Nature Detox : Botanicals for a whole foods cleanse – Your body is constantly clearing out toxins, ranging from mundane ones like carbon dioxide to more novel ones such as food additives and modern medications. Unfortunately, your body can’t always keep up with the toxin load of the modern world. “Your body naturally detoxifies itself though your lungs, liver, kidneys, and skin,” explains nutritionist Rania Batayneh, MPH. If you still feel the need to get a fresh start, she cautions against fad liquid cleanses, which can ultimately result in muscle loss. Instead, she recommends a whole-foods approach to cleansing.
“A whole-foods cleanse is based on eating natural foods, eliminating artificial sweeteners and alcohol, and nourishing your body with fresh meals filled with flavor. Herbs and spices (like turmeric) add a lot of flavor with no sodium,” she notes. The main component of turmeric, called curcumin, aids digestion and helps with liver detoxification and cleansing.
Laurie Steelsmith, ND, LAc, author of Natural Choices for Women’s Health, is another fan of turmeric. She recommends “adding it to your food or throwing some into your smoothies or juice. You can also buy curcumin to take as a supplement— 500 milligrams (mg) three times a day.”
“You can do a full-on 21-day cleanse if you want, which is something that I recommend my patients do once a year,” says Dr. Steelsmith, or you can simply support your body’s innate detoxification mechanisms on a daily basis. For example, choose organic foods since they have fewer toxins than conventionally grown foods, and drink plenty of water.
Another gentle way to support your body’s detoxification efforts is to consume “green foods,” such as spirulina or wheat grass. Green foods, aside from being rich in antioxidants, take some of the load off the liver, which is the body’s hardestworking detox organ. If you want to give green foods a try, you can juice whole green foods or mix 1 to 3 teaspoons of green foods powder or flakes with water or juice. Some people find the flavor to be strong; you can mask it with flavorful juices such as blueberry or pomegranate.
The herb milk thistle is also well-regarded for bolstering liver function. In fact, this herb has a 2,000-year history of use as a liver supporter. A compound in milk thistle called silymarin is widely considered the active constituent. Research has shown silymarin to improve liver function.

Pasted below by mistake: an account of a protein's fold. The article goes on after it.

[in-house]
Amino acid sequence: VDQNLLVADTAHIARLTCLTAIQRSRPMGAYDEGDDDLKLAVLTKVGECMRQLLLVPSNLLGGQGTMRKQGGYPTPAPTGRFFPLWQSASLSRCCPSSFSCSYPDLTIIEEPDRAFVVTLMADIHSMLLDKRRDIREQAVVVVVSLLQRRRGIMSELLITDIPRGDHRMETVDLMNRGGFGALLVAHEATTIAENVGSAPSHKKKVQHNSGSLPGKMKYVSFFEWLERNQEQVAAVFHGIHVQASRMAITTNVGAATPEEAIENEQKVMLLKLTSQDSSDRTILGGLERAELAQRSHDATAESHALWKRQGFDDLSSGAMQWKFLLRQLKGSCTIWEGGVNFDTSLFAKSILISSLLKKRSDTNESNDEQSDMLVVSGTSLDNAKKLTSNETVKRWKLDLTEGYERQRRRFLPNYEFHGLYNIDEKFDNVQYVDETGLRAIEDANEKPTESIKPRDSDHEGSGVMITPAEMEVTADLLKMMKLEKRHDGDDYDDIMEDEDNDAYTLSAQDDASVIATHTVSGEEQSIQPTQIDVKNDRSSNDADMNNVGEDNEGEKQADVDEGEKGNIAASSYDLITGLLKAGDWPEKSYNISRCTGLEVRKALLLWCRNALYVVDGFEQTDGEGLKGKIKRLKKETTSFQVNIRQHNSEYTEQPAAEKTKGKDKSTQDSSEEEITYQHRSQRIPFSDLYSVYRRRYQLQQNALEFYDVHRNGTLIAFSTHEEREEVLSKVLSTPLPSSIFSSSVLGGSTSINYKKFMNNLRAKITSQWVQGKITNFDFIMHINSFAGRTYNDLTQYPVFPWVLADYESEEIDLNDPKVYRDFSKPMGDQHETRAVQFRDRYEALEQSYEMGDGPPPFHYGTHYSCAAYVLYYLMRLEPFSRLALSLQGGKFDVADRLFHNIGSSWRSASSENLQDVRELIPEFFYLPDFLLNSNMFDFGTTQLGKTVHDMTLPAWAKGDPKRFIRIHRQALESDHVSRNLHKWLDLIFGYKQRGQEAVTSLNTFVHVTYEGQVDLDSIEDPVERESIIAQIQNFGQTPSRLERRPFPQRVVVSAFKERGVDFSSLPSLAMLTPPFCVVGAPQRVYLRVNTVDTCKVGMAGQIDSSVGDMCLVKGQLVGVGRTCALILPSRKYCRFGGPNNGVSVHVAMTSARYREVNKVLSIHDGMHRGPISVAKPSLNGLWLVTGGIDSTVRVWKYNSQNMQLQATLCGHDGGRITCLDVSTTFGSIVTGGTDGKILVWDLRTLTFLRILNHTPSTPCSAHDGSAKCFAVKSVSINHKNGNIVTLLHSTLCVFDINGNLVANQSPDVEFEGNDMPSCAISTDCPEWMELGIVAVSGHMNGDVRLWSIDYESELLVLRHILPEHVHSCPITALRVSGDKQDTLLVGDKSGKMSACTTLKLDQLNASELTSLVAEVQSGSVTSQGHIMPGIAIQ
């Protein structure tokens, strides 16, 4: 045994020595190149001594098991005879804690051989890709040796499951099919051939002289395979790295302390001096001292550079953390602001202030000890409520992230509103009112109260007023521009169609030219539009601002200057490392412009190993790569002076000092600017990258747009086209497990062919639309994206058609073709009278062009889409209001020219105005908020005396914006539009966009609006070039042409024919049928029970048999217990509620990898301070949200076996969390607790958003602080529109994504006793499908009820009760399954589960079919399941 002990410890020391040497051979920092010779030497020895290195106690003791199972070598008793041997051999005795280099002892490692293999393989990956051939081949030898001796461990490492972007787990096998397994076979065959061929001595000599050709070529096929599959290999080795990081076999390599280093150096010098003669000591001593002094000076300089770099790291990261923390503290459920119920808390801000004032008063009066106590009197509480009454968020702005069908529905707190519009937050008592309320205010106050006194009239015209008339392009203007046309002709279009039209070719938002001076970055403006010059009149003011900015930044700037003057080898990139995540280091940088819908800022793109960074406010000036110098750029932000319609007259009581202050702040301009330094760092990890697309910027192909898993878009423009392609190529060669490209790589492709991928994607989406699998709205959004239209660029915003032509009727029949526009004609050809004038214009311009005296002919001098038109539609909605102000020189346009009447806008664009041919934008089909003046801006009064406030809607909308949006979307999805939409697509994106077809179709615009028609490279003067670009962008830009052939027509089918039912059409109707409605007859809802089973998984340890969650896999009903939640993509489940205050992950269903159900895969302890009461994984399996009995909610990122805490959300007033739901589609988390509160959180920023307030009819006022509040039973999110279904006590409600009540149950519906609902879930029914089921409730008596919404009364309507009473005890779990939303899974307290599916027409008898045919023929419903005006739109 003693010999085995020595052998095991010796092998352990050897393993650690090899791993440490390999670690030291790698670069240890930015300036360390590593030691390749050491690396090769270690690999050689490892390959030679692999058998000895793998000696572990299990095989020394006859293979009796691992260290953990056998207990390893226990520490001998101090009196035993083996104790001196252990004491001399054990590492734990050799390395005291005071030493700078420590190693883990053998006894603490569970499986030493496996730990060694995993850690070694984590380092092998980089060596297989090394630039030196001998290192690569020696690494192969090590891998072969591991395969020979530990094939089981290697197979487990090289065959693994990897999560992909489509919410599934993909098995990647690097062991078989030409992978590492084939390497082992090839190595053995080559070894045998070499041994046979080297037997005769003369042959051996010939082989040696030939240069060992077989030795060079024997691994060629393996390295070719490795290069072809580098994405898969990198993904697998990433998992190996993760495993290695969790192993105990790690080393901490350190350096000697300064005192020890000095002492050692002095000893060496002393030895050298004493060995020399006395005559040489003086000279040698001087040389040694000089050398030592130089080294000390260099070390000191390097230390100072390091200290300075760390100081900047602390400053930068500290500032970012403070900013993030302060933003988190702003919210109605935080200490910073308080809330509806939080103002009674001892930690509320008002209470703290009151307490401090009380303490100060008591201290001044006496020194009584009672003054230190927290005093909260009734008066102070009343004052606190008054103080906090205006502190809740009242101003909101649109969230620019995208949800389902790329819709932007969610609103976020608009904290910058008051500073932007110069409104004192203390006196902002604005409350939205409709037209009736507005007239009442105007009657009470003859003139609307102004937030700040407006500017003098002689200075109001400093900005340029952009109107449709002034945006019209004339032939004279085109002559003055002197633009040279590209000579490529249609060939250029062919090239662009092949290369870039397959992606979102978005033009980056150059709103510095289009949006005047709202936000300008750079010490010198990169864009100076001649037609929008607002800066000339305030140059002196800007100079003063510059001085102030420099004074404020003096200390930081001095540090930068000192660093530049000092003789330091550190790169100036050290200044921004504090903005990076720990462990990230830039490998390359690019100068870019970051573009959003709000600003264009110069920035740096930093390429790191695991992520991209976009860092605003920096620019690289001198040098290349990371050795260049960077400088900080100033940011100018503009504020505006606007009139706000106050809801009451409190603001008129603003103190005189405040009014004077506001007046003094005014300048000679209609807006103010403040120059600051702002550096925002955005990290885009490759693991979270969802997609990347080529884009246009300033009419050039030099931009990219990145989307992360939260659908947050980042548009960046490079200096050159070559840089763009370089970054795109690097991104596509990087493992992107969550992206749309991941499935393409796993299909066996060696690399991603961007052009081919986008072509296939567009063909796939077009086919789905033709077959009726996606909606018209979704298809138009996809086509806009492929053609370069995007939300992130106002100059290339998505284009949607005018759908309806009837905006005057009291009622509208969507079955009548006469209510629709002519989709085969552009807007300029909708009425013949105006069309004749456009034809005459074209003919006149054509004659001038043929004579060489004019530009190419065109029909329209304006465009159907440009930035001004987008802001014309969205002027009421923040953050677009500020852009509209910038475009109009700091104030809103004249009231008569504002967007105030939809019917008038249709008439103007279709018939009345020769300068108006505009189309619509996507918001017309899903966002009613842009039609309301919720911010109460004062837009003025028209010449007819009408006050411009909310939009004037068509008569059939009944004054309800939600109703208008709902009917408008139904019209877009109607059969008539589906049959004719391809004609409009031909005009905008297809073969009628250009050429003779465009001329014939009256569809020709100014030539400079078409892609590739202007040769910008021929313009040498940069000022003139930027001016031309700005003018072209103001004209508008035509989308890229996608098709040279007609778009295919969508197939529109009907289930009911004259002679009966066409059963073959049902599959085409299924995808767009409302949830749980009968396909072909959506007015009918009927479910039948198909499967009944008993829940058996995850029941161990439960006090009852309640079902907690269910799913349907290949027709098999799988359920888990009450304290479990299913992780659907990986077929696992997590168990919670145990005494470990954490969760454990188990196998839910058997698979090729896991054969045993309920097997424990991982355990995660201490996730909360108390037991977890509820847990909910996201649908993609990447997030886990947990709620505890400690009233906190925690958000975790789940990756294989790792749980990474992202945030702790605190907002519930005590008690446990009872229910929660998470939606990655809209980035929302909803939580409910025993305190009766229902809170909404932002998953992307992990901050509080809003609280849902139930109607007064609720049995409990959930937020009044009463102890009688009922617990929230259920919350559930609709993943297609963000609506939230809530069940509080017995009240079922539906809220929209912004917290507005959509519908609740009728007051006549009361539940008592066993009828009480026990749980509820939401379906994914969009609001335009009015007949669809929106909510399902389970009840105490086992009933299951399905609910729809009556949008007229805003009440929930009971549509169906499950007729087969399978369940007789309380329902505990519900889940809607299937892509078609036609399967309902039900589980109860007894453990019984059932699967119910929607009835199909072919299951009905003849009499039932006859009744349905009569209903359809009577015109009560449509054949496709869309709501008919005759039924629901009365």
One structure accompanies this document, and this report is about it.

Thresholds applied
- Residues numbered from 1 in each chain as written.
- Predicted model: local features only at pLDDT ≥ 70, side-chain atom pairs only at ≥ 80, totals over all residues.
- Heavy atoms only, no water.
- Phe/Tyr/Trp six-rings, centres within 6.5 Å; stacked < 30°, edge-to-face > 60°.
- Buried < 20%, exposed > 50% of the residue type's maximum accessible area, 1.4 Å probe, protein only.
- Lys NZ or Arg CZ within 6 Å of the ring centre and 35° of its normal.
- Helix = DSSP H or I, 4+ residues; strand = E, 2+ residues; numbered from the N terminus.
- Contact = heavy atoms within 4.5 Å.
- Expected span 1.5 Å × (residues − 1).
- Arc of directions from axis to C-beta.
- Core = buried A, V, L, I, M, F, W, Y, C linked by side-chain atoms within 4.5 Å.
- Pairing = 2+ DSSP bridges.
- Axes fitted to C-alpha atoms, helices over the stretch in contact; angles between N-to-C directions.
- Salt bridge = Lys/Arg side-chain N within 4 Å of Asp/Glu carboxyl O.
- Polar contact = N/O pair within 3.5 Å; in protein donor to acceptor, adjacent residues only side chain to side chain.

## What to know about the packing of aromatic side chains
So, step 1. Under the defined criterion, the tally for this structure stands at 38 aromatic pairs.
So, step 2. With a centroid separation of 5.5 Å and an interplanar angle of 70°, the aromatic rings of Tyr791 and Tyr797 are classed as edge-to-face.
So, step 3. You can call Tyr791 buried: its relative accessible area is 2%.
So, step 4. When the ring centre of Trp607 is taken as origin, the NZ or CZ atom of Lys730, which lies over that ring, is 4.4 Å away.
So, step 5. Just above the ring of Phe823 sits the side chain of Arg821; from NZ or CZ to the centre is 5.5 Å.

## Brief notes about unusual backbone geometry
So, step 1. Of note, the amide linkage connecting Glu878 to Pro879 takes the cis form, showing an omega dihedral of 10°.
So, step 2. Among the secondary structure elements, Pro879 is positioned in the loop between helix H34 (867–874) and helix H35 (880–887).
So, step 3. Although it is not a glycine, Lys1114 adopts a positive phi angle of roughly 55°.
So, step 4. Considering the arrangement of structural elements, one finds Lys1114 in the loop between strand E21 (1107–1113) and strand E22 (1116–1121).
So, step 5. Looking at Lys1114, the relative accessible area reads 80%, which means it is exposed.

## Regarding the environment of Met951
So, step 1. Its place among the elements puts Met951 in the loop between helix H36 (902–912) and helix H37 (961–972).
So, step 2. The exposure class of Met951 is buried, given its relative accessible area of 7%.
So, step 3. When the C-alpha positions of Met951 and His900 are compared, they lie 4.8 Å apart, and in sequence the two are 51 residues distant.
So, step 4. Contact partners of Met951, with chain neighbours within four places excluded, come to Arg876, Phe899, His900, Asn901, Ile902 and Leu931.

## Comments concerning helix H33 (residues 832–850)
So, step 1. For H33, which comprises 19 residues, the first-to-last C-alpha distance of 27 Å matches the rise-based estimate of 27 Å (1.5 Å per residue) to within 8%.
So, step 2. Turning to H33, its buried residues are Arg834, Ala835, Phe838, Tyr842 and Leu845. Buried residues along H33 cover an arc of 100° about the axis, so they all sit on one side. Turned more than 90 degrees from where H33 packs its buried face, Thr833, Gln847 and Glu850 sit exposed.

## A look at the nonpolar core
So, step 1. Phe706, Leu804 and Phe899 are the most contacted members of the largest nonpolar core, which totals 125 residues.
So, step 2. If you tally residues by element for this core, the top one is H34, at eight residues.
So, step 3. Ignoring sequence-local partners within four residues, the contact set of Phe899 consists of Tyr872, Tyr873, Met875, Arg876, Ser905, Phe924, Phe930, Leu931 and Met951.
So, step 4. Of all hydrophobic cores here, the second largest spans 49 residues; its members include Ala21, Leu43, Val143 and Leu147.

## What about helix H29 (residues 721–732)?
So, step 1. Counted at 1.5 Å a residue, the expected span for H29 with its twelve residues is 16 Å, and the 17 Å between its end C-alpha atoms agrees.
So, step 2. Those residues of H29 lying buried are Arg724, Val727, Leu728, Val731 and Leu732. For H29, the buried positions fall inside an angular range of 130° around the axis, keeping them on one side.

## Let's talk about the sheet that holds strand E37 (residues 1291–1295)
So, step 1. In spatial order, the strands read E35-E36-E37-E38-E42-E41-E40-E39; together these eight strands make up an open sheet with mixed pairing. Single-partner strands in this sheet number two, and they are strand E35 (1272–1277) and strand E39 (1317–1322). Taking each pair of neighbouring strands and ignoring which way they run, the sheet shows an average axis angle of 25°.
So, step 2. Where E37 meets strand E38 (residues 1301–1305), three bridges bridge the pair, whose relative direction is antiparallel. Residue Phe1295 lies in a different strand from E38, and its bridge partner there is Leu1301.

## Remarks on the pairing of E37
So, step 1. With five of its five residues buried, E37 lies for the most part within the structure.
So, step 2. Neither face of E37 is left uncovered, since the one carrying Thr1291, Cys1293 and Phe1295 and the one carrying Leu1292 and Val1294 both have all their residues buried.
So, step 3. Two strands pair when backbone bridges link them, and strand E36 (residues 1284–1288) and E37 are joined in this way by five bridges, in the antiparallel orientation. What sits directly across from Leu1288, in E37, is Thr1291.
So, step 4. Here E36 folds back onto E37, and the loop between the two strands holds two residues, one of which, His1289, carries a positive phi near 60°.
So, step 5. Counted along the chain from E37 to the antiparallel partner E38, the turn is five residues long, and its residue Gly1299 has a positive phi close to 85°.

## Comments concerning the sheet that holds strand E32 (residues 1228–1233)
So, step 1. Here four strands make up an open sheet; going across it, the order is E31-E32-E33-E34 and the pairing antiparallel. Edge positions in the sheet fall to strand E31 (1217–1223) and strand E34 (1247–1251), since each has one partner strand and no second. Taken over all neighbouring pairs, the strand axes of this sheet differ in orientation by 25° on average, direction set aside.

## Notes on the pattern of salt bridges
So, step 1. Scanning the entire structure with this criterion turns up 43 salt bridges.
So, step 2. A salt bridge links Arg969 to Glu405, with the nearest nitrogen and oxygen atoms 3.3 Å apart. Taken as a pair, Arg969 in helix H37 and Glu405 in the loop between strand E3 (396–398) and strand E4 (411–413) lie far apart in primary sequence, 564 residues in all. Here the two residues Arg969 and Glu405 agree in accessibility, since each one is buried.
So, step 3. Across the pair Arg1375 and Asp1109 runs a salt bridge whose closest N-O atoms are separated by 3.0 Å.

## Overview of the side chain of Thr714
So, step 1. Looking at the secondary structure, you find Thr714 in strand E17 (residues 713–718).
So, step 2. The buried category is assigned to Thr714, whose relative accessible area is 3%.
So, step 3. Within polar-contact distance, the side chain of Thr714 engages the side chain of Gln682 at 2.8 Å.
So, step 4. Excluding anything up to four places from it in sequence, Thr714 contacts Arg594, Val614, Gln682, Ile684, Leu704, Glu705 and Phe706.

Milk thistle can be particularly helpful after using certain medications, since most medications are processed through the liver. Antibiotics and the pain reliever acetaminophen (Tylenol) can create toxic byproducts in the liver. Taking milk thistle after a course of antibiotics or while using acetaminophen can help clear those toxins from the liver. Silymarin has even been shown to regenerate injured liver cells. Select a milk thistle supplement that provides 420 mg of silymarin per day.
West Coast-based nutritionist and America’s Eating Strategist Rania Batayneh, MPH, works with clients to design personalized programs to achieve nutrition goals. Here are six of her go-to tips that can benefit anyone seeking to detoxify and achieve a higher level of wellness.
1. Stay hydrated (6 to 8 glasses of water per day).
2. Snack on more fruits and vegetables.
3. Sweat daily.
4. Cook more at home.
5. Skip the second cup of coffee and opt for tea instead.
6. Sleep for success (7 to 8 hours per night).
SELECTED SOURCES “Acetaminophen-induced Hepato- and Nephrotoxicity and Amelioration by Silymarin . . .” by K. S. Gopi et al., Toxicol Int, 7/10 Personal communication: Rania Batayneh, MPH; Laurie Steelsmith, ND, 3/12 “Silymarin and Hepatoprotection” by F. J. Burczynski et al., Zhong Nan Da Xue Xue Bao Yi Xue Ban, 1/12